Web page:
Globally, many countries have applied the UN's recommendations of reducing the prison population to mitigate the impacts of the pandemic. In Latin America, several States have aligned themselves in the same regard and have granted freedom or early release to populations in vulnerable contexts with a view of containing COVID-19 transmissions. We highlight the following examples: 

  • In Chile,  women who have served a third of their sentence; women who have  36 months -or less- left on their sentence; and pregnant women and / or mothers with a child under 2 years of age residing in the penitentiary institution, have been released from prison. 

 

  • In Colombia, house arrest has been granted to pregnant women or those with children under three years of age, among prison detainees, as well as to people under pre-trail detention measures for wrongful crimes. 

 

  • In Mexico, women accused of the alleged crime of abortion have been released, and, by extension, the health personnel who carried out the procedures, without violence and with the consent of that woman, have also benefitted from this measure 

 

  • In Brazil, the review of pre-trial detentions, with a view of releasing pregnant women, infants, mothers or persons responsible for children up to 12 years of age or people with disabilities, as well as older, indigenous, disabled or persons in a vulnerable group has been recommended.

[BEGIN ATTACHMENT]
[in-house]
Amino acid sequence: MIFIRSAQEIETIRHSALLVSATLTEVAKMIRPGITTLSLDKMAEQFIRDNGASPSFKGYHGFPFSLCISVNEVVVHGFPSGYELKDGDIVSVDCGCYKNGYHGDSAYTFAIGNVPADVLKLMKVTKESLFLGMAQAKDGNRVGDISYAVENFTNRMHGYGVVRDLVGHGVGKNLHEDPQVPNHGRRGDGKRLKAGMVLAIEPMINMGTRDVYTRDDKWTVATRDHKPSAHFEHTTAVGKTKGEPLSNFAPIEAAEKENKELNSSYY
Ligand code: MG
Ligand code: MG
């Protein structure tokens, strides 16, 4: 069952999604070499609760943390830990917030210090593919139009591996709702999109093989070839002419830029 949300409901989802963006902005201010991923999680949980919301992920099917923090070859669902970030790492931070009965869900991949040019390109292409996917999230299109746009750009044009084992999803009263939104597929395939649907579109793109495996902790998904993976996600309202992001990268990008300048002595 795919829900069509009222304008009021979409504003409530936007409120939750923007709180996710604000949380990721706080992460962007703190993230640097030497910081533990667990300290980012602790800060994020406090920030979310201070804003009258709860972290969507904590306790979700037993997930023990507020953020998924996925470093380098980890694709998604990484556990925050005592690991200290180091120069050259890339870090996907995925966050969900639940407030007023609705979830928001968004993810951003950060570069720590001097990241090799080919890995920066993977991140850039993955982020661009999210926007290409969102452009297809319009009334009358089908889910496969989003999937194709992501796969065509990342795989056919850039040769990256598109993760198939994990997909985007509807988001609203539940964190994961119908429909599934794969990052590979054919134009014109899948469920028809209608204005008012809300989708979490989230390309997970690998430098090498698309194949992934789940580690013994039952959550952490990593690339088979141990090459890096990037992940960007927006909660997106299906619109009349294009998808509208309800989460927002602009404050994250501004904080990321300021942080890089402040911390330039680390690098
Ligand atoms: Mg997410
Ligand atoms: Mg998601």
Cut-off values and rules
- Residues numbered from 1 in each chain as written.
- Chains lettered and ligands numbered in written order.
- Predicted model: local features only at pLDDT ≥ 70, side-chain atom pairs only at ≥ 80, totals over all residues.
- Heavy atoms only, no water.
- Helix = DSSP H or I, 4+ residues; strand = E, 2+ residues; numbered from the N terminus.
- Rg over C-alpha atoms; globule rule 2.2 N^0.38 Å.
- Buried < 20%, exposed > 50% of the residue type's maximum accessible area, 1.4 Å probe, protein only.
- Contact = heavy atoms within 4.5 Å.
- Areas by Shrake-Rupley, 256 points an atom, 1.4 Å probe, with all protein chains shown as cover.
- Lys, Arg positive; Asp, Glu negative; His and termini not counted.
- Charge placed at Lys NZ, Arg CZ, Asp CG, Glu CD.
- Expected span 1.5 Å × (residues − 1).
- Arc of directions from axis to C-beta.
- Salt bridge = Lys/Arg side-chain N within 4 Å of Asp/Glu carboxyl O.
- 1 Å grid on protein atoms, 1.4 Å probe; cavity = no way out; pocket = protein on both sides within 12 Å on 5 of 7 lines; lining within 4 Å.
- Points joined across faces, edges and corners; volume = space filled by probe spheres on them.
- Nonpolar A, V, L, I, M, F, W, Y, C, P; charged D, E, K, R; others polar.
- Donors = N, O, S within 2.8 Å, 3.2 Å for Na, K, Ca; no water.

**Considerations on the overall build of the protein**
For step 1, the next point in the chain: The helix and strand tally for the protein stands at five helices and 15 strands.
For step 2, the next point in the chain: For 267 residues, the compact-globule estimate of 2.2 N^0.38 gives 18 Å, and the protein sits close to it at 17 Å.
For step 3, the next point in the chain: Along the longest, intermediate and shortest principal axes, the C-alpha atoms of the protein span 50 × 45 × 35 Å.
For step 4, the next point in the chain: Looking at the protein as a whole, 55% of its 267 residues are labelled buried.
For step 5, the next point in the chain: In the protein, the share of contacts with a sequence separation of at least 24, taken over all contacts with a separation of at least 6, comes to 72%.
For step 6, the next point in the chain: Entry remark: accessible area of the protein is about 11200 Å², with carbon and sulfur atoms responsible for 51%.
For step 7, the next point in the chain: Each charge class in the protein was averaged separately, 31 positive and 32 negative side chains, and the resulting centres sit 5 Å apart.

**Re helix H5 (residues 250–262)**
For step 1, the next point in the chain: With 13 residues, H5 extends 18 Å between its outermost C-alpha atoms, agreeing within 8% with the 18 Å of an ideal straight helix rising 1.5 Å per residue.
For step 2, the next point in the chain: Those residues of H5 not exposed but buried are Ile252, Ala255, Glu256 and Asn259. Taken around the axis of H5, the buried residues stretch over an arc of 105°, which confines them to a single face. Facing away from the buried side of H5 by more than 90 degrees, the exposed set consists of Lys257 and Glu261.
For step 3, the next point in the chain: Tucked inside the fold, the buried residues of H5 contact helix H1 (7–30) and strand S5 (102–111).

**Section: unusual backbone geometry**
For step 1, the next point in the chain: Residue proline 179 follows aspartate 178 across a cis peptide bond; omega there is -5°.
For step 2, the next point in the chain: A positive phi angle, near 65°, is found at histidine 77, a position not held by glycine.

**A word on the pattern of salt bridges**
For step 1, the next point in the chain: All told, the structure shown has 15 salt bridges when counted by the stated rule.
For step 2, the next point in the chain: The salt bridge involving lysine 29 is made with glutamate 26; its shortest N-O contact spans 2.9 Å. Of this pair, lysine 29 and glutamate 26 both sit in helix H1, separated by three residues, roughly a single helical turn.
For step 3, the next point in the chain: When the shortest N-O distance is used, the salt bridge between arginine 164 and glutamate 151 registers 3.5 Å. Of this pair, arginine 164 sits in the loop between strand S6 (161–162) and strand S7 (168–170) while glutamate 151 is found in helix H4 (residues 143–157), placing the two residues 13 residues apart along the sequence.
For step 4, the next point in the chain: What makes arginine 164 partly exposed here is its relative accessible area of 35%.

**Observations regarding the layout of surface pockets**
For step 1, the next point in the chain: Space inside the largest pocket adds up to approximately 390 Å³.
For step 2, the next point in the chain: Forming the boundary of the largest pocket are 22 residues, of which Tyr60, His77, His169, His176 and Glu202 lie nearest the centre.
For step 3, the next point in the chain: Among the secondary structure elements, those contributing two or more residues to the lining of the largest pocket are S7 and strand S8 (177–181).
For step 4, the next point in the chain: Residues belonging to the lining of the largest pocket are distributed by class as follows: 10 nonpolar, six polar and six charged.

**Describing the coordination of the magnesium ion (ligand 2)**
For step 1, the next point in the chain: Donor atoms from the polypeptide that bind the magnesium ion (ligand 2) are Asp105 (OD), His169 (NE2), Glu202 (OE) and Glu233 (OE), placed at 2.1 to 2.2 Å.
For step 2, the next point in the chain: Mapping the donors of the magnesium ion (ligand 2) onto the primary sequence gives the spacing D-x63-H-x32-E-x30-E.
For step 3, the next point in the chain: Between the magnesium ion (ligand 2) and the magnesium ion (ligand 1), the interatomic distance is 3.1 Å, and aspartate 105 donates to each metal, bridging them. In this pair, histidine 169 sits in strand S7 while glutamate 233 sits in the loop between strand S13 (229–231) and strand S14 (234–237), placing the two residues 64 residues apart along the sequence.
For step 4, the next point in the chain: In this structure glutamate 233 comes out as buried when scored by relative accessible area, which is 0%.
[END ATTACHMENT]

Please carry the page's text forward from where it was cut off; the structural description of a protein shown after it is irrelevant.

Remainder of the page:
• In Nicaragua, 1700 people who had no criminal record and who were charged with crimes for which some sort of bail was accepted, were released. 

It is clear that countries in the region have released a significant number of women, considering conditions, such as, their status as mothers, whether their underage children are in or out of prison; whether they are in pre-trail detention; or whether they have served a considerable portion of the sentence imposed on them. As such, it is worth saying that many of wrongfully imprisoned Salvadorian women find themselves in very similar situations: they have children under the age of 12 waiting for them at home, they are arbitrarily detained, or they have already served a third or more of the sentences they should have never served. 

As a member state of the Organization of American States and the United Nations, El Salvador must not only align itself with the recommendations of international human rights organizations; but it must follow the example of other nations in the region that have taken steps to reduce the overcrowding of prisons as a measure to contain the expansion of the COVID-19 virus. It is urgent to release people who meet the above requirements, allowing them to find a place that guarantees adequate health conditions to prevent contagion. 

In the midst of one of the worst health crises that humanity has ever suffered, many women in El Salvador continue to be in prison wrongfully: either because they were arbitrarily detained or because they are facing unjust sentences for a crime they did not commit. Salvadorian women wrongly imprisoned for suffering an obstetric emergency are women who long ago should have enjoyed freedom and, today, in the face of COVID-19 pandemic, they do not deserve to be exposed to greater risks. 

Their freedom is necessary!